The company also may look at a borrower’s credit history, although credit isn’t the primary emphasis, he said. When new customers become repeat customers, the process becomes easier, he added.
“The vast majority of our lending activity is to repeat clients,” he said. “So, in that particular case, there isn’t a lot of … underwriting that needs to be done, because we already understand who the borrower is — they’ve already performed for us. We’re mostly focused just on underwriting the asset.”
As an alternative to hard money loans, flippers can look for private-money investors, which are similar to hard money lenders, but typically lend out their own money. Private lenders could include friends and family or individuals with a self-directed IRA, for example. As Doug DeShields, president of the National Real Estate Investors Association, puts it, “Private lenders can be people who just have cash and want to get a return that will loan (the money) to you.”
DeShields said it has become easier in recent years to find private financing. Private investors even can operate like a partnership, such as entering into an arrangement with a single investor who is simply looking to make a good return on investment and looking to you to do all the hard work. Such investors generally also have a good handle on the local housing market.
“It’s typically somebody that knows almost as much about fix-and-flips as you do,” DeShields said. “And they can be mentors to you … (and) serve a dual role for you.”
Home equity loans
You can borrow against the equity in your home to get the funds needed to invest in your home-flipping business. These avenues only work if you have enough equity built up in your primary residence to secure sufficient funding to purchase and renovate your fix-and-flip venture.
There are three main options for pulling cash out of your home equity:
- Home equity line of credit (HELOC). A HELOC is a line of credit secured by the equity in your home. HELOCs typically come with an adjustable interest rate, which is typically not well-suited for a rising interest rate environment like we’re in now, because the rate could go up. Most HELOCs offer an introductory rate for 6 months to one year, however, so if you plan to fix up and sell the property before the introductory rate expires, a HELOC could be a great way to acquire a property.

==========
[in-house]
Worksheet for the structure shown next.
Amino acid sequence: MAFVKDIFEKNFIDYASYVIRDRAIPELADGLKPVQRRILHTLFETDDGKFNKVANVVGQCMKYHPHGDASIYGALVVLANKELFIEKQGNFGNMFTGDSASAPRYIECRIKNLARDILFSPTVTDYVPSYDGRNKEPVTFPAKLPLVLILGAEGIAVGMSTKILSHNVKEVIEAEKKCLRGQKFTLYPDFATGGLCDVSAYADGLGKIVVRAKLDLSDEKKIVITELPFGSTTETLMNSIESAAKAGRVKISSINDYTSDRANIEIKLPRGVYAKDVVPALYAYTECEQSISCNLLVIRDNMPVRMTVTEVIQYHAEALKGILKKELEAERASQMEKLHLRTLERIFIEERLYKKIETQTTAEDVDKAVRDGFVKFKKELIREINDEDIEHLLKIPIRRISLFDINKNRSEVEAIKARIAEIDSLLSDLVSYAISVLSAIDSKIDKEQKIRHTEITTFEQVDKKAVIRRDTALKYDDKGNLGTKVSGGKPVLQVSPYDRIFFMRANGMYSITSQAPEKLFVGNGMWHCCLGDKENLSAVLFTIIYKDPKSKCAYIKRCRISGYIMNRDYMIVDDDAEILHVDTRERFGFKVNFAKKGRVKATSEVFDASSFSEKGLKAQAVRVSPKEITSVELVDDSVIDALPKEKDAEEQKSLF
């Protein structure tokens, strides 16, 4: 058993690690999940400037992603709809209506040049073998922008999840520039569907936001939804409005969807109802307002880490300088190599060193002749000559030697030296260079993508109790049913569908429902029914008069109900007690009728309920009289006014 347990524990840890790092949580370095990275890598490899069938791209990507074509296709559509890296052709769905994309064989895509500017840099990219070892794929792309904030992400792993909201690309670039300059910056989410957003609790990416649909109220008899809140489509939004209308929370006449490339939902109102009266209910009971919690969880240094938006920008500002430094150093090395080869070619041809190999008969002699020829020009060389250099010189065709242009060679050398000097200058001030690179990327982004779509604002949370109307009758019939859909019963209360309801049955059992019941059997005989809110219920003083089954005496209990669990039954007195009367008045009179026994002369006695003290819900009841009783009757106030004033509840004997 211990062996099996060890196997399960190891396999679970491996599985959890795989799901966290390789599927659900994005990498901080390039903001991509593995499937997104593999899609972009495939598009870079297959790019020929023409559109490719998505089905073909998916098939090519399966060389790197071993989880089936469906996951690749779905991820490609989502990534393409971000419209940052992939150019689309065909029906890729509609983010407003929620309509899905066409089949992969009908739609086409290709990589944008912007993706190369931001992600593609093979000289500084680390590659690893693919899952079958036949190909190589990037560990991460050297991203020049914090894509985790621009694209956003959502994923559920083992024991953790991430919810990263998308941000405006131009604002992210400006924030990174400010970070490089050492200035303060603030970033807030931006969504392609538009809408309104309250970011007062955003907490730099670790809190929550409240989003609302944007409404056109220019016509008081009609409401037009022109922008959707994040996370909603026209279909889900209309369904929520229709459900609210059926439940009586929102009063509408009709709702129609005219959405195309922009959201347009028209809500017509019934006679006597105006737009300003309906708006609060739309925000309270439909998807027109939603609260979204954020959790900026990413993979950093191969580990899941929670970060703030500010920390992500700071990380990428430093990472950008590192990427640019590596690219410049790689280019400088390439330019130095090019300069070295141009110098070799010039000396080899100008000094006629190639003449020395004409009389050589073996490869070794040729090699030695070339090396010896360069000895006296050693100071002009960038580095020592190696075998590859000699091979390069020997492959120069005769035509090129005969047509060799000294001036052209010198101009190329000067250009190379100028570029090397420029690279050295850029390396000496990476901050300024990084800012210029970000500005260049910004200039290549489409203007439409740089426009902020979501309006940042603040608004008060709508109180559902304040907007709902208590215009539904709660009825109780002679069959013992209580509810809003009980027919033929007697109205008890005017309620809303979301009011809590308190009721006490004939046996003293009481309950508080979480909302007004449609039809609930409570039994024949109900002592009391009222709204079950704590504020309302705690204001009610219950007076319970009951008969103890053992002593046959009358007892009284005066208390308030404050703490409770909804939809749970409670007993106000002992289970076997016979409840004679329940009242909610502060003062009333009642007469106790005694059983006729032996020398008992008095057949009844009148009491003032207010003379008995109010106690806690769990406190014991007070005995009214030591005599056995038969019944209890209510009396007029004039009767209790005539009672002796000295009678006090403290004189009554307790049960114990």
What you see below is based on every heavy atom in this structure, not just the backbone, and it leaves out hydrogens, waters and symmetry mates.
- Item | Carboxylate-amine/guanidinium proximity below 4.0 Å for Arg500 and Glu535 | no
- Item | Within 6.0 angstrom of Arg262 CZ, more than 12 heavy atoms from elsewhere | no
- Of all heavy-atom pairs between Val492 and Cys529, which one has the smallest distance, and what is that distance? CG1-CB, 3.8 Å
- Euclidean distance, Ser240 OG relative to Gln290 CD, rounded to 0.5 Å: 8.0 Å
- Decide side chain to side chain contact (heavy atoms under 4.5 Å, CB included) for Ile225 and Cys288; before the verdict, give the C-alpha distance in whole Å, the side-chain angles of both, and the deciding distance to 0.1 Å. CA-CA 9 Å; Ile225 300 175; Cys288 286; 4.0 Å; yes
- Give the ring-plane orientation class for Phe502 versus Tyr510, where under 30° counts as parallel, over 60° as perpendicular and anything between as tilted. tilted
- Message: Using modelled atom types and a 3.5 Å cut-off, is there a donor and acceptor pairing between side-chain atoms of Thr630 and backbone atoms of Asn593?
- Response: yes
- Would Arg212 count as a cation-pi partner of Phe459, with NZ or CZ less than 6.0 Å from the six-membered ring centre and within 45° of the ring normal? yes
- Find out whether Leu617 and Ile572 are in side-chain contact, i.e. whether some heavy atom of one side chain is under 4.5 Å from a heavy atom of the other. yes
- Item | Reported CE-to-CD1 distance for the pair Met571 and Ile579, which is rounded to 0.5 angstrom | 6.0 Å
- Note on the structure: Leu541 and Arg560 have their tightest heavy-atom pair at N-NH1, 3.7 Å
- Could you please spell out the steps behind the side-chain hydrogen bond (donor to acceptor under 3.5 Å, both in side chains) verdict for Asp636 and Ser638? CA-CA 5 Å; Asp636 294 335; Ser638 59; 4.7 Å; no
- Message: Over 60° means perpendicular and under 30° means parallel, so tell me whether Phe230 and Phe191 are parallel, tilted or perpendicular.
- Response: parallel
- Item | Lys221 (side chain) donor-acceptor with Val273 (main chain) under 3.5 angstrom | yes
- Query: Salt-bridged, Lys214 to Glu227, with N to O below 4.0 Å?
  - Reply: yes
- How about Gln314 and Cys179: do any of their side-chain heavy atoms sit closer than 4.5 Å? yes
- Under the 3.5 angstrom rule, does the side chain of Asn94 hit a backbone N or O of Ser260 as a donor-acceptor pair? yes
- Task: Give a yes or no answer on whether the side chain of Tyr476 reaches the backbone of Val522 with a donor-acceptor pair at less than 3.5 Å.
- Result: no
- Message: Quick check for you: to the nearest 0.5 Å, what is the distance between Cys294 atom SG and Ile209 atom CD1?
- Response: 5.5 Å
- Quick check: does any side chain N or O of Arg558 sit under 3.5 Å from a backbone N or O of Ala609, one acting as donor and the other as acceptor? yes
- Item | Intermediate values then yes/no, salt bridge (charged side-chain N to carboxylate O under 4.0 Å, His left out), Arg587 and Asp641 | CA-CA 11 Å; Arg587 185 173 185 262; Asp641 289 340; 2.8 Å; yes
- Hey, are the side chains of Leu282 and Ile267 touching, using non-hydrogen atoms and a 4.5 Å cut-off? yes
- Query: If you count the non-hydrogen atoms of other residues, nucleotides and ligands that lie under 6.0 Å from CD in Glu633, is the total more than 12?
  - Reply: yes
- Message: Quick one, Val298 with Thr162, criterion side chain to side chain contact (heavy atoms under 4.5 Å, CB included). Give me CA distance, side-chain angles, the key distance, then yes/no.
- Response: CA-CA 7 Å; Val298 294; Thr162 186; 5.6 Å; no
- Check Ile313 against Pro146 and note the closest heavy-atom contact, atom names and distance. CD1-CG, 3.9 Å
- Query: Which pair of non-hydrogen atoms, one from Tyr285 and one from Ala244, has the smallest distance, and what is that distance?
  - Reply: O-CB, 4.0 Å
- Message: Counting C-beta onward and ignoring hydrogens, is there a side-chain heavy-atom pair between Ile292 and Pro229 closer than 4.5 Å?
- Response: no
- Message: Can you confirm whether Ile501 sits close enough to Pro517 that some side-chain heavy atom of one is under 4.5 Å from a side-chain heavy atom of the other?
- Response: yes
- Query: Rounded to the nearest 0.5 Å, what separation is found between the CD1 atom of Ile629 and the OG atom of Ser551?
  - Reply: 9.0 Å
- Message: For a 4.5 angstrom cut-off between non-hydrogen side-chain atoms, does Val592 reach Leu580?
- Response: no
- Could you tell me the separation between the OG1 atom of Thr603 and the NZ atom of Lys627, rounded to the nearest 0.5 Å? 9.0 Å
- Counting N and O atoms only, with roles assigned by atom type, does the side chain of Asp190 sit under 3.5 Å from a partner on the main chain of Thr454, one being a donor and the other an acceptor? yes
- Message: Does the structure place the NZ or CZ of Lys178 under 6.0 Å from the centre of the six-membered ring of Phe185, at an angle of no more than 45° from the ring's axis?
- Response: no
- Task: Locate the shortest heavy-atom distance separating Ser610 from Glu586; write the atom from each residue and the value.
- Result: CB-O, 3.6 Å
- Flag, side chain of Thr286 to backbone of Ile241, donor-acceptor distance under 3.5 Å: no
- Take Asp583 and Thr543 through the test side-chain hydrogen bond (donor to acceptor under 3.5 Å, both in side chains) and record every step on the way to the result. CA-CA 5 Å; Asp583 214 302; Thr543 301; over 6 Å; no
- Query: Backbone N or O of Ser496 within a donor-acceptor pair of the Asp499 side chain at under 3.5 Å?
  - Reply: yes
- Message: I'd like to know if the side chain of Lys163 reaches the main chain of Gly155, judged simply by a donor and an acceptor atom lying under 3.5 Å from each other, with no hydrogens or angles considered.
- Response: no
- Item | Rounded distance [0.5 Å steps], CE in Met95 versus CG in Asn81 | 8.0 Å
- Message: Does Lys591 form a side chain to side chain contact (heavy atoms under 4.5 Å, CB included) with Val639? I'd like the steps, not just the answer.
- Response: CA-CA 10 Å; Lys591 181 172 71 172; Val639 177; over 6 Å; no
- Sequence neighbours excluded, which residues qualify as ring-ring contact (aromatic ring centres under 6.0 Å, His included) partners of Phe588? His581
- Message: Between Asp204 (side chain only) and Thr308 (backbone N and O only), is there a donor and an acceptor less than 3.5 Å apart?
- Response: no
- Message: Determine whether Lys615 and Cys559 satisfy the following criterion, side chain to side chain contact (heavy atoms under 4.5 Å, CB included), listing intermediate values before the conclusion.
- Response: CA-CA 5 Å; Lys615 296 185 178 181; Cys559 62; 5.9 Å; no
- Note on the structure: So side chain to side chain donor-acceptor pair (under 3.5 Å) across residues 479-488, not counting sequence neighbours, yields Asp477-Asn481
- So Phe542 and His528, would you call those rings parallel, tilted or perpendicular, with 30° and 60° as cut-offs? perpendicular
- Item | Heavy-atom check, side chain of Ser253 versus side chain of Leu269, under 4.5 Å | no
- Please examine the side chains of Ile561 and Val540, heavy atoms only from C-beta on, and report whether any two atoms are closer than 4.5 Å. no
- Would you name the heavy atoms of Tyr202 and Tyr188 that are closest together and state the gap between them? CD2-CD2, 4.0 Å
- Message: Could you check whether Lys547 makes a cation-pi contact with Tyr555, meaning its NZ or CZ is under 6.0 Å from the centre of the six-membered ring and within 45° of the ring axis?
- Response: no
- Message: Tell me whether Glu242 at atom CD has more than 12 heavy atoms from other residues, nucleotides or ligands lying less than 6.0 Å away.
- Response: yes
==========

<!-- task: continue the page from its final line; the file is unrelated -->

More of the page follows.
- Second mortgage cash out (home equity loan). Like a HELOC, a second mortgage cash-out, allows you to borrow against the equity in your home. A second-mortgage cash-out is a new mortgage — typically with a fixed rate and term, unlike a HELOC — that lets you cash out part of the equity in your home.
- Cash-out refinance. A cash-out refinance allows you to refinance into a new mortgage for more than what you still owe on the home. You then get the difference as cash. Although refinancing generally might not make sense in a rising-interest rate environment, it can be beneficial depending on your goals. For example, you may be able to lower your monthly payment, even if the interest rate is higher, and then use the cash proceeds to acquire an investment property.
Borrowing against your own home can be risky, however, because if something should happen, like a sudden downturn in the economy, and you default on the loan, you could end up losing both properties.
The newest option for house flippers is crowdfunding. This isn't like trying to get a single product to market through the online fundraising platform Kickstarter, however. Real estate crowdfunding works more like hard money lending, where groups of investors can come together to fund your project. These investor groups typically charge high interest rates but can be cheaper than hard money lenders and also have no up-front fees. Real estate crowdfunding is relatively new, however, and may require that you have experience with house flipping just to apply.